"We respectfully disagree with them," replied Al Felzenberg, the commission's press spokesman, who said Zelikow was chosen "for his scholarly credentials and his knowledge of national security issues." He hastened to praise the widows for doing "a very positive thing," adding that while he understood their concerns, he expected that "they're not going to be satisfied with everything we do."
According to Felzenberg, Zelikow has "recused" himself from any deliberations that involve the Bush transition -- and insisted on being interviewed, under oath, about that period by the commission staff. The spokesman said he didn't know whether Zelikow had helped Rice to restructure the NSC.
But Zelikow's recusal doesn't impress Kleinberg. "His conflict is so large that he can't overcome it," she said. "We asked everybody at the beginning to put their conflicts on the table. Philip Zelikow's conflicts were not all put out there at the beginning." She and her friends were particularly disturbed to learn that the Virginia professor had played a key role in advising Rice during the transition, when they believe "things went wrong" in counterterror policy.
"If he was there during the transition, making recommendations about restructuring the NSC, on prioritizing issues, on handling terrorism, on Iraq -- then how can he oversee the report on those issues?" Kleinberg asked.
Those are pertinent questions that deserve more than a patronizing answer. Although Felzenberg insists that the commission staff is nonpartisan and that the commission itself has behaved in an entirely bipartisan fashion, that unity showed signs of cracking last week during Clarke's testimony. And although Zelikow is highly qualified for the position he holds, he also suffers from a crippling problem of perception.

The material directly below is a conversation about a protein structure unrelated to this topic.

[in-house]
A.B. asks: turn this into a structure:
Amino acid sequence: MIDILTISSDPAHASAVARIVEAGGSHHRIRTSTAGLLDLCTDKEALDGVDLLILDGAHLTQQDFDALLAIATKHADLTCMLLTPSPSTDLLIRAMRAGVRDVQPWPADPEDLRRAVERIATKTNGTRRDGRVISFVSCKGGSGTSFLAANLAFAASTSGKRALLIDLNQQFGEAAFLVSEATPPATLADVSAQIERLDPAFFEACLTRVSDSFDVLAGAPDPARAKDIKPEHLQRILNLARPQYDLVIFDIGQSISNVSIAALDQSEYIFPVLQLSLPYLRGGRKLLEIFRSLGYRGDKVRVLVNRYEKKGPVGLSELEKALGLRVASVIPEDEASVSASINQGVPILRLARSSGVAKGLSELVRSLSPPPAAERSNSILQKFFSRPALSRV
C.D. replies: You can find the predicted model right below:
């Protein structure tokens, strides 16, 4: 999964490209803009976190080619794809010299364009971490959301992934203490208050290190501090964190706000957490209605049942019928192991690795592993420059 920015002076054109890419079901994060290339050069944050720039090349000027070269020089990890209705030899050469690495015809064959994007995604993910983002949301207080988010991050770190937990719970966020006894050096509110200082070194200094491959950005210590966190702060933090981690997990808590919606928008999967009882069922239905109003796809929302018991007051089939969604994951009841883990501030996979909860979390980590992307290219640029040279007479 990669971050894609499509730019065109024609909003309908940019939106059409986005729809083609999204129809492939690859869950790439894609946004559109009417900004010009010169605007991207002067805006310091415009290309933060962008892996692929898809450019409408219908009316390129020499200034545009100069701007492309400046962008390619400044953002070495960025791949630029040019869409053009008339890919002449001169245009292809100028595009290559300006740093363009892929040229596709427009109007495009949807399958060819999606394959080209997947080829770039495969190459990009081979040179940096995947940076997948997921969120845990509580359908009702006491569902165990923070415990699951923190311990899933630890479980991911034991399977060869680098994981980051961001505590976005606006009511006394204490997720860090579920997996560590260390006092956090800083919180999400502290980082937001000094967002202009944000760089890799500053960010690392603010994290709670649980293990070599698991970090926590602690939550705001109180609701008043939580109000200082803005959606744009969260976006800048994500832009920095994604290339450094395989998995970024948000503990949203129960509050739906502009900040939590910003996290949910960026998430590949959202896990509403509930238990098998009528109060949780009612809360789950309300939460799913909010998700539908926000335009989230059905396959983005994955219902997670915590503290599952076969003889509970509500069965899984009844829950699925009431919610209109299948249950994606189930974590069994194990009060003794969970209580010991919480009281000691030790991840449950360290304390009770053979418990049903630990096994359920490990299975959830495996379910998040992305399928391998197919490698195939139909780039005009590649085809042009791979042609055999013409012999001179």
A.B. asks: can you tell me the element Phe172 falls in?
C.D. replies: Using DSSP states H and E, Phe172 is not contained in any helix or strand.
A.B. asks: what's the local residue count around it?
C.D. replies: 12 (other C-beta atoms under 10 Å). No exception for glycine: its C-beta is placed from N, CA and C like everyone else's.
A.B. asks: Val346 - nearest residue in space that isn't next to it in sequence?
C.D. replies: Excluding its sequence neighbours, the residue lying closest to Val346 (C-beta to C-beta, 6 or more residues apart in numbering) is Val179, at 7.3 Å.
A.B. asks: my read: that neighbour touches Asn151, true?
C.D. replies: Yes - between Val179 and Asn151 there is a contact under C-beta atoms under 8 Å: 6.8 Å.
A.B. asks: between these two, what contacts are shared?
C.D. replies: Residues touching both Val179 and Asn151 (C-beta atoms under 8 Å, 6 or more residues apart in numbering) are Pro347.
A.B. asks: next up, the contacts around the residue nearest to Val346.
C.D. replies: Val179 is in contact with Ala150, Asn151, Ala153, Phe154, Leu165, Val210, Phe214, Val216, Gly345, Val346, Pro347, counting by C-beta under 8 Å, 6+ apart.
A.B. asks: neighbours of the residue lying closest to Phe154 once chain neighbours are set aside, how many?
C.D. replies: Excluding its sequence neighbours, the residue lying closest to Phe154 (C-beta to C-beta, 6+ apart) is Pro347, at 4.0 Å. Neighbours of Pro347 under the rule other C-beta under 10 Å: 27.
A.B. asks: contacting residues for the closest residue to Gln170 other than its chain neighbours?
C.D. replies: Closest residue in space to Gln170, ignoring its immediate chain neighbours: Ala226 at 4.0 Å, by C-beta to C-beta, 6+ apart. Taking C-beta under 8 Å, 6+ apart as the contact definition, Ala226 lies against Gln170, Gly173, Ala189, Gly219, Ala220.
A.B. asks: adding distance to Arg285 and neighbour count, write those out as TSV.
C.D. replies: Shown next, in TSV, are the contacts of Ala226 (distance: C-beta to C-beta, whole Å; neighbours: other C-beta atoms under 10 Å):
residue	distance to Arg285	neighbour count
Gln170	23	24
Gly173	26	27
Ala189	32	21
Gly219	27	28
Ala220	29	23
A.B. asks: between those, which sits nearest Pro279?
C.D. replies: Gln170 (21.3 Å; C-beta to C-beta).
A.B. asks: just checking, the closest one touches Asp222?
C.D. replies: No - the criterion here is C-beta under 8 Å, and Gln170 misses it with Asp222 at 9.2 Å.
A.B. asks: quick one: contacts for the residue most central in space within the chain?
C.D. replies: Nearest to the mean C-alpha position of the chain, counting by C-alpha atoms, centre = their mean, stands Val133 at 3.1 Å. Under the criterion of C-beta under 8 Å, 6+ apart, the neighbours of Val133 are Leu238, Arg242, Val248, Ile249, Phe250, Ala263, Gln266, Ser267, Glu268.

The simple fact is that the widows are right and the commission was wrong. This investigation should not have been directed by a Bush appointee -- especially not someone so closely associated with Rice and the National Security Council. Unlike many other qualified experts who could have undertaken this job, Zelikow owes a prestigious line on his résumé to Bush. Moreover, he has a vested interest in maintaining his relationship with the Bush administration.
That interest was revealed when commission critics voiced suspicions that Zelikow had been in contact with Bush political strategist Karl Rove. His spokesman Felzenberg didn't deny the allegation, saying only that they hadn't discussed the commission's business. "Like many others on the commission, he has a job he hopes to go back to afterwards," the spokesman explained. "The Miller Center is dedicated to the study of the presidency, and [Zelikow] has contacts with a wide range of people from all recent administrations."
It would be better if the chief investigator of the Bush presidency's worst disaster were not someone who may seek favors and cooperation from the White House when the investigation is concluded. His conflicts have placed a substantial burden on the commission's credibility -- and he should remember that the widows are watching him.